Virox Insights Blog

Germs for sale! Buy 1 get 1 free!

Posted by Olivia Lattimore on Mon, Dec 18, 2017 @ 10:39 AM

I LOVE to shop, in fact many refer to me as a shopaholic. The best feeling is scoring a sweet sale, especially a BOGO (buy one, get one free) deal, because more is better right? However, the one thing that sobers my shopping high is the wise saying from my mother “it’s not a deal if you don’t need it”.

You might be wondering what the link between shopping and disinfection is. Well, conducting disinfectant efficacy testing is much like taking a shopping trip to your favourite department store. There are endless pathogens to choose from, some designer which are very costly and others that are staples and necessary to have on your product label. I am sure we have all treated ourselves to a shopping spree where we have bought things we don’t need. And guess what…disinfectant manufacturers do to! In an effort to look more effective many disinfectant manufactures will list an infinite number of pathogens on their product label. The catch? These claims are either irrelevant or are different strains of the same pathogen. It’s like buying 100 different camisoles when you only really need a few (black, white, etc).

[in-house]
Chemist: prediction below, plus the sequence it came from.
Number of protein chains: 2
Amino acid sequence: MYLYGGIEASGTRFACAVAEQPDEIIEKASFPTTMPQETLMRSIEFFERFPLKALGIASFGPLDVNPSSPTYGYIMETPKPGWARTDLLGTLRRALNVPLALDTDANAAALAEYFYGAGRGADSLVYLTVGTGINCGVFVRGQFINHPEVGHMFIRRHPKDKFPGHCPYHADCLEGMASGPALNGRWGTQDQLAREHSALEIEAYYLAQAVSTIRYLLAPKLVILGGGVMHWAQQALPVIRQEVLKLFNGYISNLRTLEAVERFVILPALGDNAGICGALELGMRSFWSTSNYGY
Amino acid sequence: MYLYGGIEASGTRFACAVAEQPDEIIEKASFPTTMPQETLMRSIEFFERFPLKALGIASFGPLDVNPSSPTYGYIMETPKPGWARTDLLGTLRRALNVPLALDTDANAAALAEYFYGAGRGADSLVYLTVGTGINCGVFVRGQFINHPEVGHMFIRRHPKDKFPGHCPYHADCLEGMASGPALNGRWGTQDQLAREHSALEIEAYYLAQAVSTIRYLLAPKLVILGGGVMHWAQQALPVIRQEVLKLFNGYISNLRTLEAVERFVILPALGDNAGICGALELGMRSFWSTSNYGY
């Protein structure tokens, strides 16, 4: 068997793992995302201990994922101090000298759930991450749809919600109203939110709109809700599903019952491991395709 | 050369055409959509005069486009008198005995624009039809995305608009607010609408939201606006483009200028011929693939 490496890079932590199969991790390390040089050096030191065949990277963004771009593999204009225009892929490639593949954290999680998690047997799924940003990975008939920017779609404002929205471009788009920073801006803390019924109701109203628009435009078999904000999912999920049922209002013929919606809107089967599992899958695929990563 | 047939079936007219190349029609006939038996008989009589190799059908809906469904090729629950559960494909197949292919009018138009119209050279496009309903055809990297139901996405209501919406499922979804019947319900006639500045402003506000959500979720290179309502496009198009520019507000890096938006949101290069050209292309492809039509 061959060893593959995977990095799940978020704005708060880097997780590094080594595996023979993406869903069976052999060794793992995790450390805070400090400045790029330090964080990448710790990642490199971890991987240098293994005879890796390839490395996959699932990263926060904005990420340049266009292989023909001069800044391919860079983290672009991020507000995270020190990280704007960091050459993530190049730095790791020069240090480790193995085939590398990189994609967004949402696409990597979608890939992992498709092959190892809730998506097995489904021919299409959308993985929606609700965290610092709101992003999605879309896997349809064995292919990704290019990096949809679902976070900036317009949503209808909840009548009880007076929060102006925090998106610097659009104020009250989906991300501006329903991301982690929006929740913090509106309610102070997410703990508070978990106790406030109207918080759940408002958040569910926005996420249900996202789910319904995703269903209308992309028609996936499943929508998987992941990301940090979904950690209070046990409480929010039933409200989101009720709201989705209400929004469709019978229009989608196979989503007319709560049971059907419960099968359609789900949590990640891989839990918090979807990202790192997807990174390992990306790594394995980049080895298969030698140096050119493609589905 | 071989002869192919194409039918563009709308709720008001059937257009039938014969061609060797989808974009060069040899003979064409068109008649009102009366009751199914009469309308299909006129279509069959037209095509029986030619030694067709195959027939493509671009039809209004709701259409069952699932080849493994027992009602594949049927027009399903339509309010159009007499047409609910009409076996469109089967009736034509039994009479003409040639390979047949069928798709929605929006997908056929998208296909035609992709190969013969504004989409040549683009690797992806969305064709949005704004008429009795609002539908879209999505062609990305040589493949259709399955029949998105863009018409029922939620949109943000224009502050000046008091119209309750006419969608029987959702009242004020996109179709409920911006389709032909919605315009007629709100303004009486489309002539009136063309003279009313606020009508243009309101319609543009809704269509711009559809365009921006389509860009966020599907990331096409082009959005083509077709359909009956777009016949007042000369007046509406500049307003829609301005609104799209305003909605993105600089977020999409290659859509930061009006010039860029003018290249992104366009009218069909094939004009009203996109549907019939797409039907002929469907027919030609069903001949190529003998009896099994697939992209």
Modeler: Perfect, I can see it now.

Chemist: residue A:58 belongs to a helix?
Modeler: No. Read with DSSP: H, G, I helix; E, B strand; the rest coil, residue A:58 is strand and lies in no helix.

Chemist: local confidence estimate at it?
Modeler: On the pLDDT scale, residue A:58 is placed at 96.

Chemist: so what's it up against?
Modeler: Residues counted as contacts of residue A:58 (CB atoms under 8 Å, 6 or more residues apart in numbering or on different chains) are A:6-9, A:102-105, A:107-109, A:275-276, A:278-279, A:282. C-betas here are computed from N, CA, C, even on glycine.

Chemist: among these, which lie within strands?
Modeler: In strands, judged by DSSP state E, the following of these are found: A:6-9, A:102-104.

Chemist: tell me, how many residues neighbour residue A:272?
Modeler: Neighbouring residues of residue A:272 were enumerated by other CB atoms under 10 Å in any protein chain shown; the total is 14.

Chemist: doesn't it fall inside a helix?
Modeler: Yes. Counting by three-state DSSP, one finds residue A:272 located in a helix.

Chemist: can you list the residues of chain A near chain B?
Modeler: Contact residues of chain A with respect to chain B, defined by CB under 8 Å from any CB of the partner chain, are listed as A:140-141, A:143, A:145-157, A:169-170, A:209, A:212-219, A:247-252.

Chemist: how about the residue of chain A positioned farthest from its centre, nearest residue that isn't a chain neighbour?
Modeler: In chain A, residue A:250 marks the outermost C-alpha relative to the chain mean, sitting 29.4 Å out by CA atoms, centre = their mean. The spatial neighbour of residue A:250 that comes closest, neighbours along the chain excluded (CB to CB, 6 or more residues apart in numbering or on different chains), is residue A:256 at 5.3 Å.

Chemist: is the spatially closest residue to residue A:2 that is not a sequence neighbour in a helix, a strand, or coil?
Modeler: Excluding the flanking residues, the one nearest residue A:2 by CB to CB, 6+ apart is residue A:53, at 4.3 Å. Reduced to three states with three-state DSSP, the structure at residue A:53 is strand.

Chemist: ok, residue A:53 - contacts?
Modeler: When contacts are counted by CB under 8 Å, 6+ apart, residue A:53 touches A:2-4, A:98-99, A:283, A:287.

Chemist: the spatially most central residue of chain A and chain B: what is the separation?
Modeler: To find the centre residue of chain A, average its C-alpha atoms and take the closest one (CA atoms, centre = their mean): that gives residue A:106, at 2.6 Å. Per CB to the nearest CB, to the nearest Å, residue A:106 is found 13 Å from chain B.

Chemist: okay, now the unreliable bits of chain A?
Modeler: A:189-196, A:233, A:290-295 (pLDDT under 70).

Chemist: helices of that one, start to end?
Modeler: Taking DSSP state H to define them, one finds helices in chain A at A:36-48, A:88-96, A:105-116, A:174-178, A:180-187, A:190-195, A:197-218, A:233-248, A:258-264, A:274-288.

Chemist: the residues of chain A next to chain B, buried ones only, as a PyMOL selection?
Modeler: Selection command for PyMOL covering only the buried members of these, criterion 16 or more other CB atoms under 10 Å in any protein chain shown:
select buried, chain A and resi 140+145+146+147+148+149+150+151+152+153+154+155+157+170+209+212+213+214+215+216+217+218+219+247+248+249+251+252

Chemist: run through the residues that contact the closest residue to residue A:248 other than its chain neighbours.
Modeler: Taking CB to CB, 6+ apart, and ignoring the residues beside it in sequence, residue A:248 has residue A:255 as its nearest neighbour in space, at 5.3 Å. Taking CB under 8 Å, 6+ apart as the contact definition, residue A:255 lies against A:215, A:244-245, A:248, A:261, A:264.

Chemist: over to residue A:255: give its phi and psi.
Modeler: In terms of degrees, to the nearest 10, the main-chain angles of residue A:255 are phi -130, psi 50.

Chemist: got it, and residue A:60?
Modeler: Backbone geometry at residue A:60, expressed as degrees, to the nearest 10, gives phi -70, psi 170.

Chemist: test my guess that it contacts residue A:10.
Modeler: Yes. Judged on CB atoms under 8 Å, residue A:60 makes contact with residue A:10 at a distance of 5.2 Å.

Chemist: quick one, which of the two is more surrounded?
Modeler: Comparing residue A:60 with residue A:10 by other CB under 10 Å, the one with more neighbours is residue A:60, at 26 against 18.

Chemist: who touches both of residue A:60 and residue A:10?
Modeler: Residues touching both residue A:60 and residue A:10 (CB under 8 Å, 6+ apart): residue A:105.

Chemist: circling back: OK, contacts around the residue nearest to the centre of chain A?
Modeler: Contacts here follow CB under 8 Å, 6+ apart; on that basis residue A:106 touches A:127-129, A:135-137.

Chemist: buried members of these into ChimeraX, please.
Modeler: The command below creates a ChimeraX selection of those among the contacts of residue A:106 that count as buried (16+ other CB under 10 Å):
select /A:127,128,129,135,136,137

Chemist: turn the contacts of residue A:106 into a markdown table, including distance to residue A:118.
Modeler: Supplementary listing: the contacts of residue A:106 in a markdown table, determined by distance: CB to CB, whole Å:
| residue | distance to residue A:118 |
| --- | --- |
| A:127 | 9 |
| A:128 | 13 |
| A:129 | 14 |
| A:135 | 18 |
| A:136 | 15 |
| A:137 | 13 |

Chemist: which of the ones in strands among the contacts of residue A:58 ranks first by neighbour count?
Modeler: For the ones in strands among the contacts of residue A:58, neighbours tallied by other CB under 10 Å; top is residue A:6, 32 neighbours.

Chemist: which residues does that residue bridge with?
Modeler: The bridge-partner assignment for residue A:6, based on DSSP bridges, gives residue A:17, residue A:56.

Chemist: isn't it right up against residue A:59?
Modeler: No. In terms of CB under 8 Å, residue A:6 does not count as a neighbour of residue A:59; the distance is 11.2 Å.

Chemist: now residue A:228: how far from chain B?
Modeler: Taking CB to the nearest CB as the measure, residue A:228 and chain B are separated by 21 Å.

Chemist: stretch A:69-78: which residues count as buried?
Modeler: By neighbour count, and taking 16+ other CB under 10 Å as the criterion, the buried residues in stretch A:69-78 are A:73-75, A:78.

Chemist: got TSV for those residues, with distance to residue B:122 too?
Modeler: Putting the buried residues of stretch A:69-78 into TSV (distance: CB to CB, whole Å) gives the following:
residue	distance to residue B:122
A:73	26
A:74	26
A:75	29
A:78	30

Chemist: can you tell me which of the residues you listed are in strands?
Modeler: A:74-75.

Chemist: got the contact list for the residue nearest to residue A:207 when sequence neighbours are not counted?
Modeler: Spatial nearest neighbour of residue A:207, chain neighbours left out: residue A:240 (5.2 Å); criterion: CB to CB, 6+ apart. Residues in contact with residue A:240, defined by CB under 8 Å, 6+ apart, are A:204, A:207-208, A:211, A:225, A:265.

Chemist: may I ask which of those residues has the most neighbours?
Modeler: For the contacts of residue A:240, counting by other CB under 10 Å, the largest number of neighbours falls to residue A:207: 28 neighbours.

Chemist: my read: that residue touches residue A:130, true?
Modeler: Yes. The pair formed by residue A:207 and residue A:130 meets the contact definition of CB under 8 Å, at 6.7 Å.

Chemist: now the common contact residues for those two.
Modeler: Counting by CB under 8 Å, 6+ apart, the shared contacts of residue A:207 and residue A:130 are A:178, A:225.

So how does one identify if their disinfectant is playing the claims game or instead focuses on the relevant pathogens of concern? There are different classes of pathogens, each with surrogate organisms that are reflective of the gold standard or more difficult to kill pathogen in that class such as:


Vegetative bacteria:
Pseudomonas aeruginosa (gram negative) and Staphylococcus aureus (gram positive)

Fungi: Trichophyton mentagrophytes

Viruses: Poliovirus or Adenovirus (non-enveloped)

Mycobacteria: Mycobacterium bovis or Mycobacterium terrae

Bacterial Spores: Bacillus subtilis and Clostridium sporogenes


When cleaning and disinfecting surfaces, it is important to consider what pathogens are relevant to patients, clients, and the facility and focus your attention on a disinfectant formulation that provides a balance between effectiveness and minimal toxicity to increase user compliance.

So what if you’re “shopping” for a particular pathogen but it’s not listed on your disinfectant’s label? Does that mean the disinfectant won’t be effective? Not necessarily. The easiest thing to do is identify what kind of pathogen we are dealing with and where it sits on the hierarchy of susceptibility.